• Your charts and knowledge of local inlets will help inform you about shifting shoals and submerged rocks or other hazards.
  • Safety equipment needs to be at the ready and this should go without saying. Make sure you have a functional VHF radio and everyone on board has a personal floatation device, just in case.
  • Monitor channels 13 and 16 on your radio. Channel 13 is ship-to-ship communication and if there are commercial vessels in the inlet you’ll want to monitor this. Keep in mind this is a low power transmission of just a single watt, so it only works when vessels are close together.

Navigating the Inlet

  • Aids to navigation (ATONs) are vital for navigating an inlet safely. These include buoys and other markers that lay out which waters are safe and which are not. You need to keep a keen eye, especially if conditions are not ideal, to make sure you don’t miss any. Missing a shallow water marker during rough seas could cause you to run aground, for instance.
  • Start at the sea buoy if you are entering the inlet from the open water. This is the start of the channel buoys and if you start here you can help map your path through the other buoys along the way.
  • Use the wind. If you’re waiting for your time to navigate the inlet and conditions are not totally ideal, try to wait for the wind to be heading in the same direction as the current. This will help to flatten out some of the waves and make your journey a little easier.
  • In addition to markers, keep a watch for other boaters. You can only be responsible for your own behavior on the water and react to others if and when they disobey the rules of the road and put you in danger. In inlets, it’s not unheard of for some reckless boaters to travel too quickly, cross lanes, and so on. Always use caution when navigating an inlet around other boaters and never rely on someone else to do what you think they should do. You never know the circumstances on another vessel.
  • Try to make sure your first run of the inlet is under ideal conditions. Get to know it when the weather is on your side and later, if things get rough, you’ll have a sense of familiarity for where you want to be. This is especially important if your boat is new and you are not 100% sure how it handles in all conditions. You’ll want to know your vessel’s strengths and weaknesses for navigation. Speed, maneuverability and handling of your specific vessel will all come into play.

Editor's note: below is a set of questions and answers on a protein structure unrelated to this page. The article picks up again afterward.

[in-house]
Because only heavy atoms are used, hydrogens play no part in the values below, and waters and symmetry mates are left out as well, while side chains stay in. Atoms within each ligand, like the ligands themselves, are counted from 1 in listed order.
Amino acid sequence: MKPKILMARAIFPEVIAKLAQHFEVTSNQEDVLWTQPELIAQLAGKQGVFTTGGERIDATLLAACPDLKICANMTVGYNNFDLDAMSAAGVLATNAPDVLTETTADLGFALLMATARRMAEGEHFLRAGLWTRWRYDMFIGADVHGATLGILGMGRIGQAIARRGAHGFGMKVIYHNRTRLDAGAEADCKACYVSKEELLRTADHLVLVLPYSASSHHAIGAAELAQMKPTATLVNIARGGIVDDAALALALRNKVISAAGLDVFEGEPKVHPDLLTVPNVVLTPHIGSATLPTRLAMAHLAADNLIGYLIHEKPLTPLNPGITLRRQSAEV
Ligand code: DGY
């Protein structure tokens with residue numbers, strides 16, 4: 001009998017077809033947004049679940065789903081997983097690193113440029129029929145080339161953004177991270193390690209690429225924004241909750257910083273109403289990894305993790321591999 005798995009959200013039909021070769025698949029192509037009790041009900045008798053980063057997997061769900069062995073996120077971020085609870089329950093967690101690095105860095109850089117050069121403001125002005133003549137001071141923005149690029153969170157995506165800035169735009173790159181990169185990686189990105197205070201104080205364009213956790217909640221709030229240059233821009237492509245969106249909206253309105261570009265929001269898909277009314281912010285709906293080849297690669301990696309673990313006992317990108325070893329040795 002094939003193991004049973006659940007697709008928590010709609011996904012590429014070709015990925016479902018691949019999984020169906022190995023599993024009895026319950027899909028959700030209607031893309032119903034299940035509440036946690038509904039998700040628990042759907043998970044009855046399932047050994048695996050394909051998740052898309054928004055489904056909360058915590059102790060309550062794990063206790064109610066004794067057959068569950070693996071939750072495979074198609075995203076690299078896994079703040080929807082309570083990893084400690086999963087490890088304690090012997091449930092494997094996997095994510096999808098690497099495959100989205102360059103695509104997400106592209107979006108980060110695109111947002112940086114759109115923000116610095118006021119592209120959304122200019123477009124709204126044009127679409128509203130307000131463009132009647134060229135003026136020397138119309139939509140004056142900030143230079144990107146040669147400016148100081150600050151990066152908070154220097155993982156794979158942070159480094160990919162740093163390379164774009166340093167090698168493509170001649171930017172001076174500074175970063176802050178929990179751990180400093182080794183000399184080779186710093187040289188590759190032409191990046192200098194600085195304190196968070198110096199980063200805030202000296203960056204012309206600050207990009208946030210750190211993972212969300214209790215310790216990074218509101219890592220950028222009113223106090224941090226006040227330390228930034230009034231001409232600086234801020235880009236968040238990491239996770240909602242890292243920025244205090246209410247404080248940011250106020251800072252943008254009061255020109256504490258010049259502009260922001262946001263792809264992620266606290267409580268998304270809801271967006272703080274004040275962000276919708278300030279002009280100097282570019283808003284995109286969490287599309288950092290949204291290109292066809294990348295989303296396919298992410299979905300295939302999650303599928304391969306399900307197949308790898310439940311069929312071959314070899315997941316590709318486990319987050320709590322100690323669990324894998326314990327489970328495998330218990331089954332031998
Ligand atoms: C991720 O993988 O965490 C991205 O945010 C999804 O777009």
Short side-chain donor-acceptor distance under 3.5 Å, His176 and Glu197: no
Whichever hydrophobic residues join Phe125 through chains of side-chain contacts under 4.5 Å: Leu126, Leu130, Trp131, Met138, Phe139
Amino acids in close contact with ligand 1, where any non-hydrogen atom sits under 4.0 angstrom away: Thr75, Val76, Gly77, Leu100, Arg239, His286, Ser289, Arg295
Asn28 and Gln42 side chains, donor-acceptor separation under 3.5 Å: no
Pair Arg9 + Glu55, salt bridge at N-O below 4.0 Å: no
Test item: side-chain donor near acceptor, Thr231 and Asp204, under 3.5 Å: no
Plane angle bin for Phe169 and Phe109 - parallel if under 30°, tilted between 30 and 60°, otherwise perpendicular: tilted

What To Do When In a Raging Inlet/Very Dangerous Conditions

If you find yourself in a narrow channel that is turning out to be too precarious for you, there are some steps you can take to safely get through.

  • Use a spotter. If possible, have someone bow and stern to help spot aids to navigation, other boaters, waves, or hidden dangers. Keep clear communication open and adjust your course as the inlet conditions dictate.
  • Master the waves. If the waves are playing havoc with you, adjust your approach. If you can safely do so, outrun waves at your stern or pace just ahead of them breaking. You can throttle back and ride waves in if necessary, letting the wave move under the boat. Just don’t top the crest of a wave or put yourself at risk of dropping the bow too deep.
  • Keep aware: If you see another boater coming at you in a dangerous manner, don’t cut and run. You don’t want to put yourself at risk unless it’s the only way to avoid a direct collision.  You can use channel 16 on your radio to signal the other boat and use your horn to sound a danger signal. 

The Bottom Line

Navigating an inlet in poor conditions can challenge even a seasoned boater. Unpredictable swells, waves that can grow many times larger than those on the open water, and hidden dangers abound. 

Know your vessel before you try to navigate any inlet but especially an inlet when conditions are less than ideal. Understand how it maneuvers and what its limitations are. Know how you need to handle breaking waves and if you have enough power to maneuver dangerous conditions.

Be prepared by studying the charts, the tides, the currents and the weather on the day. You can limit surprises by navigating a dangerous inlet in calm waters ahead of time and by asking more practiced captains about the inlet to learn from their experiences. They can tell you if a powerful outgoing tide streaming along through that channel and a strong onshore wind tend to make things too harsh for navigation.

Follow your navigational aids, keep communication lines open and be aware of everything happening around you, even if that means having a spotter or two on deck to help you out.

In the worst case scenario, don’t navigate rough inlets at all. If conditions are too dangerous, find a place to safely moor and wait for calmer seas.